The Primary Disadvantage of Accrual Accounting

by Jennifer VanBaren; Updated September 26, 2017

Accrual accounting is an accounting method used by many businesses. This method recognizes revenues and expenses as of the date they occur. This method offers advantages in some ways, but in other ways there can be drawbacks.

Revenue Recognition

Under the accrual method, businesses have no leeway in paying taxes. This method states that revenue is recorded as soon as it is earned. The date a business actually receives payment for the sale has no effect on the books other than to record the receipt of cash.

Higher Taxes

Because revenue is recognized on the date it is earned, a company may end up paying more in taxes for the year than what it actually received in payment.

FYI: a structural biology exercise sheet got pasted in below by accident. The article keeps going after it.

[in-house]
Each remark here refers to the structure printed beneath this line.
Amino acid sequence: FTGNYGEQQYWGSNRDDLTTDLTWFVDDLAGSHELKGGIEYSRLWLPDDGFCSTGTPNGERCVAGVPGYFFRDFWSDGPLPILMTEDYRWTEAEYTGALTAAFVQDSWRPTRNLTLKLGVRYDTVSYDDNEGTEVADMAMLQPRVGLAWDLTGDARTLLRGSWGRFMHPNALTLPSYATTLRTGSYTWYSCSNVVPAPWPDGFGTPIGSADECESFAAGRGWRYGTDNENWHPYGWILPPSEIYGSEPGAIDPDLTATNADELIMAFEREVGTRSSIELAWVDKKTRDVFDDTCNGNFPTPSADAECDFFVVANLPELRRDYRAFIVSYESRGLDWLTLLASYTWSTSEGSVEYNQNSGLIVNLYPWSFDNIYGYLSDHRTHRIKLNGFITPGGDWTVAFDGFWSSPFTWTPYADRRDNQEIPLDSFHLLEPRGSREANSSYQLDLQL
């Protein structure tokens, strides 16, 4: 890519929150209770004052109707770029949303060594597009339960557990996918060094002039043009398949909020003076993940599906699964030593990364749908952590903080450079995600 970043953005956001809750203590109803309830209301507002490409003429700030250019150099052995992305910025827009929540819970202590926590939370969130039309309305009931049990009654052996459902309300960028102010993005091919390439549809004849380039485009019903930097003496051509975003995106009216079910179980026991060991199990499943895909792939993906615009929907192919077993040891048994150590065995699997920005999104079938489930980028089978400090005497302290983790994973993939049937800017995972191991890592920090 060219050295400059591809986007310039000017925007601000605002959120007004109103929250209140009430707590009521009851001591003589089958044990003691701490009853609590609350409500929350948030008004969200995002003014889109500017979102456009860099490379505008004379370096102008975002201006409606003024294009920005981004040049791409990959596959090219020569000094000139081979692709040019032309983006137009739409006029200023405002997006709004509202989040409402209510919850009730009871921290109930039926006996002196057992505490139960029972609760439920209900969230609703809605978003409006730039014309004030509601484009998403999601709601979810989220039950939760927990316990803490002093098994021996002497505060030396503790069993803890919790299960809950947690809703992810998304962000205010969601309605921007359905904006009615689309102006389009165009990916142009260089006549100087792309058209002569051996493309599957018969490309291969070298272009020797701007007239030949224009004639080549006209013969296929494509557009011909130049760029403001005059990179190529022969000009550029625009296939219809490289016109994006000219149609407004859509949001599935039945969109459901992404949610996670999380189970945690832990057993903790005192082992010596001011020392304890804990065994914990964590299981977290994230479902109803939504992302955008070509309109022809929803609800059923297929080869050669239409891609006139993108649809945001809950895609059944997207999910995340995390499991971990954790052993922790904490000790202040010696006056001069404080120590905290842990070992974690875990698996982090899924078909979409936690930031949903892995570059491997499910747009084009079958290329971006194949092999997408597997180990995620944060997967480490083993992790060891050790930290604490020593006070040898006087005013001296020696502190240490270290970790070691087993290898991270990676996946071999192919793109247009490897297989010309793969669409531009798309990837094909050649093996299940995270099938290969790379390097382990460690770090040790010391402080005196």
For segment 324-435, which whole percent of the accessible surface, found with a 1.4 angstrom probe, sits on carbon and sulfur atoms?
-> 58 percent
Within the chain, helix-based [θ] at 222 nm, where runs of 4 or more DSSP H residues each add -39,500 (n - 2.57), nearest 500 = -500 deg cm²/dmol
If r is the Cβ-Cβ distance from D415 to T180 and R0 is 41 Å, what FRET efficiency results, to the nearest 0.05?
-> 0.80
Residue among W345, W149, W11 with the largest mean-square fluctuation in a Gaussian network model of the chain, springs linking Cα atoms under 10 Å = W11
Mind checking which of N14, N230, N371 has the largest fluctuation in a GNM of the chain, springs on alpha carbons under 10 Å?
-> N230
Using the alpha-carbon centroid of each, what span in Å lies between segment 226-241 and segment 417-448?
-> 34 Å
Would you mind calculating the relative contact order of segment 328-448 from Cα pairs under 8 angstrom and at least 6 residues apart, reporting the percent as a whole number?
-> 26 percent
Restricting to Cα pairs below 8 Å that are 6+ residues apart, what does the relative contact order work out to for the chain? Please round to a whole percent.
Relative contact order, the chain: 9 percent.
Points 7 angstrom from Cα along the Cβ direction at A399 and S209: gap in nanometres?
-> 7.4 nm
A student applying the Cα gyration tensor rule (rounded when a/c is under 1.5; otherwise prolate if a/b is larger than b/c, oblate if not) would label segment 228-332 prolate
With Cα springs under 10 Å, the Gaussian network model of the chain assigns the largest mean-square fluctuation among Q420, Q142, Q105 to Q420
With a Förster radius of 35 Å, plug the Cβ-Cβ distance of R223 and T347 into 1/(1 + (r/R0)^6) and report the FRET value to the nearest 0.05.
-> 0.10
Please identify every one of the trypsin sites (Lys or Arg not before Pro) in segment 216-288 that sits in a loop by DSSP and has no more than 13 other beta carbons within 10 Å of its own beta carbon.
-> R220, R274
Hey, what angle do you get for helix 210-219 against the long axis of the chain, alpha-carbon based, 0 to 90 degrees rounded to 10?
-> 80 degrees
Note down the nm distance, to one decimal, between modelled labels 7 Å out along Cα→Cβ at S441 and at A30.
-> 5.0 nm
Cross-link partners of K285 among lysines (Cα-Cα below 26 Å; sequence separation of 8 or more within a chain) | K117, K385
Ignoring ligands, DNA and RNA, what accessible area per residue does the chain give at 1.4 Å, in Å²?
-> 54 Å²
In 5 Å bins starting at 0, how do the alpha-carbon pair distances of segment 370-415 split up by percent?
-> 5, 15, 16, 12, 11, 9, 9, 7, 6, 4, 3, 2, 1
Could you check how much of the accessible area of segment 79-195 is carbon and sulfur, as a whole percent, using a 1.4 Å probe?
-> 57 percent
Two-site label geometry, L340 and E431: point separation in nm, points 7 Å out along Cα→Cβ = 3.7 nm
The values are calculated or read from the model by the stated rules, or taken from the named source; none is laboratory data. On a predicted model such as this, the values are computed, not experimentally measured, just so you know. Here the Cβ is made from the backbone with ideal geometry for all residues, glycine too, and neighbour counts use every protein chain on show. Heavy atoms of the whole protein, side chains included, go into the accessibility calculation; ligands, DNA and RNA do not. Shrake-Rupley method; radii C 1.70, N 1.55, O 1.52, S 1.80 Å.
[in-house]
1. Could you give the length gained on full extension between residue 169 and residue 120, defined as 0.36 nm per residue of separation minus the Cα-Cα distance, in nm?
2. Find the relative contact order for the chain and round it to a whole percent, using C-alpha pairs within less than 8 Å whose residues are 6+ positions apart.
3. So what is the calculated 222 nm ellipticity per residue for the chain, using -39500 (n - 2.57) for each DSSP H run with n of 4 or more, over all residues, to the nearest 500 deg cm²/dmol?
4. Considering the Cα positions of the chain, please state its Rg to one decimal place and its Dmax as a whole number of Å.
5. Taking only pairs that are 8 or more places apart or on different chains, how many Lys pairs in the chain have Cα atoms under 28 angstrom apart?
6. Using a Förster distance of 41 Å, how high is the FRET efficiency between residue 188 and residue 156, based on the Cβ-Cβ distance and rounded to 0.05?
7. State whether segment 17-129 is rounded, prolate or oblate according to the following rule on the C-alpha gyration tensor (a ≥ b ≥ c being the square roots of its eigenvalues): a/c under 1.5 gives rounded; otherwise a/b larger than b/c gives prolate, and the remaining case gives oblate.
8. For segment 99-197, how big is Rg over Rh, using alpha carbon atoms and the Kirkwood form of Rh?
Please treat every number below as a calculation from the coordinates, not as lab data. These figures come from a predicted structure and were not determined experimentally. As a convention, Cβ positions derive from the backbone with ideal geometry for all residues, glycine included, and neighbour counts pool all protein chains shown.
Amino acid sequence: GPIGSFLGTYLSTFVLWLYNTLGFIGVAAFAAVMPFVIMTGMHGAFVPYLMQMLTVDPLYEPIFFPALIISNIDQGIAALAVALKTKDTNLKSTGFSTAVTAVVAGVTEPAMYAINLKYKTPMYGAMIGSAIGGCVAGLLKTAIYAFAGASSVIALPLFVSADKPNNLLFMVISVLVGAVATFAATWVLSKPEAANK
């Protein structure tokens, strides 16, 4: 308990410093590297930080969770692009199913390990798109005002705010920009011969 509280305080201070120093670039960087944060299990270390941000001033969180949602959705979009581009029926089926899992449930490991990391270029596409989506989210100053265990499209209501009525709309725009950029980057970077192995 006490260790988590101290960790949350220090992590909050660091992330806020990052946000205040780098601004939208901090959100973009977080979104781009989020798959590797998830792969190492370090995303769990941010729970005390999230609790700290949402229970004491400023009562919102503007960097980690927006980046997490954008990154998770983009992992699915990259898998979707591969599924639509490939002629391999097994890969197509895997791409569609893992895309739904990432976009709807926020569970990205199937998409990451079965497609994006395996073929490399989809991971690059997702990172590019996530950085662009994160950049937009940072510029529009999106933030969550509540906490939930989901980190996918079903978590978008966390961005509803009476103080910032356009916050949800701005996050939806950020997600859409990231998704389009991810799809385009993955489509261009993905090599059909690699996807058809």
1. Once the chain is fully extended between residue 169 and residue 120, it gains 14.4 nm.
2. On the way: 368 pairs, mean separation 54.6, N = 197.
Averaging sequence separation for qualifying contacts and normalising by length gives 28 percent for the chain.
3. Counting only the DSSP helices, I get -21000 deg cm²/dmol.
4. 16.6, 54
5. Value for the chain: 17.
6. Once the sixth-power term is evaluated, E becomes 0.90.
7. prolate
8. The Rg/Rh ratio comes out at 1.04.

Example

If a company completed several large jobs at the end of the year but did not receive payment for them until February, the total amount of sales is still recorded in the year they were earned. This causes the company’s revenue to exceed what was expected, therefore causing a higher net income for the business and a larger tax liability.

Options

Business owners can avoid this problem near the end of the year, if possible, by not billing or shipping goods until the first day of the following year.

About the Author

Jennifer VanBaren started her professional online writing career in 2010. She taught college-level accounting, math and business classes for five years. Her writing highlights include publishing articles about music, business, gardening and home organization. She holds a Bachelor of Science in accounting and finance from St. Joseph's College in Rensselaer, Ind.

Photo Credits

  • Asian business people image by huaxiadragon from Fotolia.com
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